The Official History of North Sea Oil and Gas

Vol. I: The Growing Dominance of the State

By Alex Kemp

© 2012 – Routledge

640 pages

Purchasing Options:
Paperback: 9781138019034
pub: 2014-03-27
US Dollars$54.95
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Hardback: 9780415447546
pub: 2011-09-14
US Dollars$160.00
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About the Book

Written by the leading expert in UK petroleum economics, this study provides a new, unique, in-depth analysis of the development of British policies towards the North Sea oil and gas industry from the early 1960s to the early 1980s.

Drawing on full access to the UK Government’s relevant archives, Alex Kemp examines the thinking behind the initial legislation in 1964, the early licensing arrangements and the events leading up to the boundary delimitation agreements with Norway and other adjacent North Sea countries. He explains the debate in the later 1960s about the appropriate role of the state in the exploitation of the gas and oil resources, the prolonged negotiations resulting in the early long-term gas contracts, and the continuing debate on the role of the state following the large oil discoveries in the first half of the 1970s resulting in the formation of BNOC (British National Oil Corporation). The debate leading up to the introduction of, and subsequent increase in, the Petroleum Revenue Tax is fully explained as is the introduction of Supplementary Petroleum Duty. The author also outlines the debates around interventionist depletion policies and on how the oil revenues should best be utilised.

The Official History of North Sea Oil and Gas will be of much interest to students of North Sea oil and gas, energy economics, business history, and British politics, as well as to petroleum professionals and policymakers.

Reviews

'[The Official History of North Sea Oil and Gas] provides numerous lessons for policymakers in today's emerging hydro-carbon producers to learn from.' - Petroleum Economist, February 2012

'Brilliantly written' - William Keegan, Observer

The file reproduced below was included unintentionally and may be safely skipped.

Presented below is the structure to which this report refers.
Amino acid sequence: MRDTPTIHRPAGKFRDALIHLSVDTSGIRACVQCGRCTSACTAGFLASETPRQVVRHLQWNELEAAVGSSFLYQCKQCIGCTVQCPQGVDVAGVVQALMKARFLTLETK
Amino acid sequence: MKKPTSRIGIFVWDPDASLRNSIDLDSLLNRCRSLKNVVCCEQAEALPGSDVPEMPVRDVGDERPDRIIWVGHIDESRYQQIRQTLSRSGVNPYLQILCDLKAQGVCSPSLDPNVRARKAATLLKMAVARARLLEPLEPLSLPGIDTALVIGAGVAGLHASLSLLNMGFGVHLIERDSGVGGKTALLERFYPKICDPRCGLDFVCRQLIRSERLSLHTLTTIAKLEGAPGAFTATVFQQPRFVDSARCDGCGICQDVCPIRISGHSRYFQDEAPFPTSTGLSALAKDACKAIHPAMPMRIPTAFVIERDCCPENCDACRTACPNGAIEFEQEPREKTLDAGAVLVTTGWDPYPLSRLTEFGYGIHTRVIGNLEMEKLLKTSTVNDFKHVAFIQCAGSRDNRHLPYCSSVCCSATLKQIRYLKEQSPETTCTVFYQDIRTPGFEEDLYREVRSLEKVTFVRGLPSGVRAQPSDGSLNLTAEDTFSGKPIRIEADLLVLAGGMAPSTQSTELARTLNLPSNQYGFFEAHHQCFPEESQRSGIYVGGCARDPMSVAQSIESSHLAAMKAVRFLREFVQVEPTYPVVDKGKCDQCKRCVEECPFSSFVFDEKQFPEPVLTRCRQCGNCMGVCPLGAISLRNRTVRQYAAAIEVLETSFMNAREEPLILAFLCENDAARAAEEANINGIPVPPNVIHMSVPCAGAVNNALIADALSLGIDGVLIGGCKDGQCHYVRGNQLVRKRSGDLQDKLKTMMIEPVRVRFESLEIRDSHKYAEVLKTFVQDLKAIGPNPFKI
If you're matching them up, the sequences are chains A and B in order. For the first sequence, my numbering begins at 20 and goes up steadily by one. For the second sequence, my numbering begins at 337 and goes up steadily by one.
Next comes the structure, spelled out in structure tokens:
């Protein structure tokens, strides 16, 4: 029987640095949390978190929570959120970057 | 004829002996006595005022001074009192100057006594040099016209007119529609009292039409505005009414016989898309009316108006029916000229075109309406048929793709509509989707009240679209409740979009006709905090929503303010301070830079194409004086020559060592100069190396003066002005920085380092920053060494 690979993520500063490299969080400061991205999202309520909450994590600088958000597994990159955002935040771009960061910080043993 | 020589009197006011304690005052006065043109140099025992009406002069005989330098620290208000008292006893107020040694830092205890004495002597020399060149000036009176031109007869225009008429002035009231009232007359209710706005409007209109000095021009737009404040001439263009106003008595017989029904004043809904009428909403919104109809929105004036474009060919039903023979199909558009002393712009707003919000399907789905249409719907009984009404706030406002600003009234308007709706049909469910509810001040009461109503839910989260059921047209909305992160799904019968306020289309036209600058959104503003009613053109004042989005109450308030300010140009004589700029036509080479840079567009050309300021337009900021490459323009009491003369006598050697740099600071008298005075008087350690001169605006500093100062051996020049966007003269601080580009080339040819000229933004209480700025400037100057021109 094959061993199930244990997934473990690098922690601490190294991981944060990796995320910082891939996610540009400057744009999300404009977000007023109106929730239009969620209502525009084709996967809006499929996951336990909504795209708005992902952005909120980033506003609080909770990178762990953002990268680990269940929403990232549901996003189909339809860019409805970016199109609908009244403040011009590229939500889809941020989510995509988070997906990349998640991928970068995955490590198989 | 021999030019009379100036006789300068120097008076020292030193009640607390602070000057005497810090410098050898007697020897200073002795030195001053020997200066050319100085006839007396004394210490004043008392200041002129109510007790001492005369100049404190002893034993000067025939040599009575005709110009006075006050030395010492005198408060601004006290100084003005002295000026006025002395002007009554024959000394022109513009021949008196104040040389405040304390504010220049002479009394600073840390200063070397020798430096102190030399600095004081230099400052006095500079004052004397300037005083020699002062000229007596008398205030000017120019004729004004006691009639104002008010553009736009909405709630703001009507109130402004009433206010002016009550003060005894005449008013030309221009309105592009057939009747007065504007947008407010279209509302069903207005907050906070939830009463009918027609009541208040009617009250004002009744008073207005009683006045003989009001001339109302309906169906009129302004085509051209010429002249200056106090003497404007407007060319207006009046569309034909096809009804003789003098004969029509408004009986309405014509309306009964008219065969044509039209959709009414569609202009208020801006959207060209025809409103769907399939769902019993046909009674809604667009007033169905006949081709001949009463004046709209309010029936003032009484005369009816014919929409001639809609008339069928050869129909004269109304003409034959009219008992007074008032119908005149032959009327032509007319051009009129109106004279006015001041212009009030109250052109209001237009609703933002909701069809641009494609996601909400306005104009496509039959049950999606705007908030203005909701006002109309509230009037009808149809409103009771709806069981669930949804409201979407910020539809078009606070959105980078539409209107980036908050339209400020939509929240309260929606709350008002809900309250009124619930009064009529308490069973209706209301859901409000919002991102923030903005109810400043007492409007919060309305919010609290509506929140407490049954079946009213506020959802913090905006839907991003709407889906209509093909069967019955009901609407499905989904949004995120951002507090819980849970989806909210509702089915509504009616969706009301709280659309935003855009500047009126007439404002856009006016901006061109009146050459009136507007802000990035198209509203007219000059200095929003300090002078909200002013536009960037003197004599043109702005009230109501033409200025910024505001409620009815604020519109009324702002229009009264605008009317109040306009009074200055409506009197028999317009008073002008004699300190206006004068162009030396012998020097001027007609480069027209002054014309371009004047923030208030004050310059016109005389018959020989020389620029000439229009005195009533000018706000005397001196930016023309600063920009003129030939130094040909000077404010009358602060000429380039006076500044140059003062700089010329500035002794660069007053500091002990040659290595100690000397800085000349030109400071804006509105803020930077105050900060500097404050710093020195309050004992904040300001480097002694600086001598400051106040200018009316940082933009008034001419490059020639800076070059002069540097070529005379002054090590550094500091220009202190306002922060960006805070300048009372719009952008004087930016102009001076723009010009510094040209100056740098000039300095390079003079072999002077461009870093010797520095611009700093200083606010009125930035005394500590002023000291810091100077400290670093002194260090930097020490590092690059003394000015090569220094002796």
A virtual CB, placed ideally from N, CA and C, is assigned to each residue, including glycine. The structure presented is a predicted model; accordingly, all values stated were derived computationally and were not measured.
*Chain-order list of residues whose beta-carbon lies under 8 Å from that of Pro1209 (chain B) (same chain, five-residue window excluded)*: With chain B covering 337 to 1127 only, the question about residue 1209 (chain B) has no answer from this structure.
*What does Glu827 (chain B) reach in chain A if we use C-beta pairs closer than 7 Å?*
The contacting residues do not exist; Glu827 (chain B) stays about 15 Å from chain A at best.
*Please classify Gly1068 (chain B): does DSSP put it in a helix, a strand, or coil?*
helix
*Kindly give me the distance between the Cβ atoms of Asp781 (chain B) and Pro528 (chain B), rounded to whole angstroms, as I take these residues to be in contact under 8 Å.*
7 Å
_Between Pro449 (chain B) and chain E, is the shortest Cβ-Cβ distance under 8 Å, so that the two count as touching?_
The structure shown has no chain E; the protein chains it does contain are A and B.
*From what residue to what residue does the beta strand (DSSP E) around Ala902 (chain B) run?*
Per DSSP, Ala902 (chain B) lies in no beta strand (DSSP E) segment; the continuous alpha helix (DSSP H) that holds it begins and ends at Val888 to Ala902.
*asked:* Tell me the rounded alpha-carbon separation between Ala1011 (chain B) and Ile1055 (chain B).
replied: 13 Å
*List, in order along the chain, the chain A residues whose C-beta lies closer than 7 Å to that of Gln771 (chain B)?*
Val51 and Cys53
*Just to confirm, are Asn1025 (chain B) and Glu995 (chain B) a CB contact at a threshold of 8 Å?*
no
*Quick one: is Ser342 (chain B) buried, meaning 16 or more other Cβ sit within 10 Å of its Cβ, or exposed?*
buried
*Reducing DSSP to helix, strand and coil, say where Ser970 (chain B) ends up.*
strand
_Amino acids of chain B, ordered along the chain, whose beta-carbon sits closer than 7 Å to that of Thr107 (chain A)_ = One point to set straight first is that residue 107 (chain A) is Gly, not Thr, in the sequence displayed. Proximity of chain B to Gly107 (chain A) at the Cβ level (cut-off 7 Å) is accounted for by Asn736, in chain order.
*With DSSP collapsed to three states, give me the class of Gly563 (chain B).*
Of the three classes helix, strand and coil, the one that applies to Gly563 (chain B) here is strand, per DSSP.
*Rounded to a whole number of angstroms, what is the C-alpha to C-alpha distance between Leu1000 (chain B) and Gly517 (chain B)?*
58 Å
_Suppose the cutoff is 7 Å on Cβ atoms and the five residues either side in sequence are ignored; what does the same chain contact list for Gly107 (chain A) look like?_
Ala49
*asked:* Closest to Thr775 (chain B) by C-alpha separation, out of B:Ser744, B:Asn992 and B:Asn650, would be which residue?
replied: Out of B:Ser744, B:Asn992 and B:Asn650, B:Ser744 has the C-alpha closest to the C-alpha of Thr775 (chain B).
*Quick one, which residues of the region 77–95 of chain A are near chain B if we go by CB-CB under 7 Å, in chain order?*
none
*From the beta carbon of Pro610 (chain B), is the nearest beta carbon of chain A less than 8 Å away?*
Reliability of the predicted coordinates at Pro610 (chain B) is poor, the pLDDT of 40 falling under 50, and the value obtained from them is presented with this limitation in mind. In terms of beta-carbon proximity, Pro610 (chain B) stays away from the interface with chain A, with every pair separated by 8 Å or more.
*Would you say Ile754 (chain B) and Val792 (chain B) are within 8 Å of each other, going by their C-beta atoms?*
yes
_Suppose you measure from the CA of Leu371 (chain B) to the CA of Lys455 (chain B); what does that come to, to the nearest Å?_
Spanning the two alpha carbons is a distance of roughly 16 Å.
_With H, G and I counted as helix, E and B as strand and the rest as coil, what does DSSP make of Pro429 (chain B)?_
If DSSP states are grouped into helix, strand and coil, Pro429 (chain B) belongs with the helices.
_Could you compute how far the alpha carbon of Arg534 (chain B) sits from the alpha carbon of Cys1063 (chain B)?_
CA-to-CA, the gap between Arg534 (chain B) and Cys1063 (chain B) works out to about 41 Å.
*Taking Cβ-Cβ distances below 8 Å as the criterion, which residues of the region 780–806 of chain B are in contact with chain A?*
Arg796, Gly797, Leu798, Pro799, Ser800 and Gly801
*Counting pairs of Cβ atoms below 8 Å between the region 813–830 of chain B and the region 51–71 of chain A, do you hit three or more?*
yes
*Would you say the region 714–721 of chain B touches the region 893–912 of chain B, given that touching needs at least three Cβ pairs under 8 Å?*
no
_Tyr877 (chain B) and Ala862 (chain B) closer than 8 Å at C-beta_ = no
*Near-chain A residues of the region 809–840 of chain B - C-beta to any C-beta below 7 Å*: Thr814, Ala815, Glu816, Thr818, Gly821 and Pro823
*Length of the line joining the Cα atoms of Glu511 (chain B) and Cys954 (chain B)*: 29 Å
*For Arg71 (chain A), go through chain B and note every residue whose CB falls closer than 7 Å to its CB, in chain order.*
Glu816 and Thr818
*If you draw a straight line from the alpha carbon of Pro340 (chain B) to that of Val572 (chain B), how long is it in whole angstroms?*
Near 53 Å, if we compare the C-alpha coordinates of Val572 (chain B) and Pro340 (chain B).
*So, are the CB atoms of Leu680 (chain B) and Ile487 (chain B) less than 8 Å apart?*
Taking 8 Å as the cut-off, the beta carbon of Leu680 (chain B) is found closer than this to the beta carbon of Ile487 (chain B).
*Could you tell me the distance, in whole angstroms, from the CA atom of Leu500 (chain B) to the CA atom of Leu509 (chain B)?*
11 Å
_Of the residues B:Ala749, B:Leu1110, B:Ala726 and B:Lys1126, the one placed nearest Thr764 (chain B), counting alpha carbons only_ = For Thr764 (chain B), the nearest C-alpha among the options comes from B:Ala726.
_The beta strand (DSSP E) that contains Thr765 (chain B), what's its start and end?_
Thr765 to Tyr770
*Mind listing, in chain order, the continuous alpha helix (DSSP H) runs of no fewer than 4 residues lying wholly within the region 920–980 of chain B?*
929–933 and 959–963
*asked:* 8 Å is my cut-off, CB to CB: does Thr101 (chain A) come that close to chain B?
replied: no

'A voluminous and impressive piece of work, and it is based on a unique pool of archival material. Policy makers and government officials can clearly learn important lessons from the fascinating history of North Sea oil and gas.' - René Taudal Poulsen, International Journal of Maritime History, Volume 24, 1, June 2012

Table of Contents

1. Initial Legislation and Licensing 2. The Early North Sea Boundary Issues 3. What Role for the State? 4. The First Gas Contracts 5. The Coming of Oil, the Fourth Round Controversy and its Consequences 6. Further Gas Developments and the Frigg Contracts 7. Designing the Tax Package 8. Providing for BNOC and Enhanced State Control 9. The New Policy in Action: State Participation 10. The New Policy in Action: Further Licensing and Related Issues 11. Increasing the Government Take 12. Depletion and Conservation Policies 13. Utilising the Benefits. Conclusions to Volume 1

About the Author

Alex Kemp is Professor of Petroleum Economics and Director, Aberdeen Centre for Research in Energy Economics and Finance (ACREEF) at the University of Aberdeen. He has published widely on the licensing and taxation aspects of the relationship between the oil companies and Governments, with particular reference to the North Sea. From 1993 to 2003 Professor Kemp was a member of the Energy Advisory Panel to the DTI. He has also advised many other Governments, companies, and the World Bank on petroleum licensing and taxation. In 2006 he was awarded the OBE for services to the oil and gas sector.

About the Series

Government Official History Series

The Government Official History series began in 1919 with wartime histories, and the peacetime series was inaugurated in 1966 by Harold Wilson. The aim of the series is to produce major histories in their own right, compiled by historians eminent in the field, who are afforded free access to all relevant material in the official archives. The Histories also provide a trusted secondary source for other historians and researchers while the official records are not in the public domain. The main criteria for selection of topics are that the histories should record important episodes or themes of British history while the official records can still be supplemented by the recollections of key players; and that they should be of general interest, and, preferably, involve the records of more than one government department.

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Subject Categories

BISAC Subject Codes/Headings:
HIS027000
HISTORY / Military / General
SOC000000
SOCIAL SCIENCE / General
SOC016000
SOCIAL SCIENCE / Human Services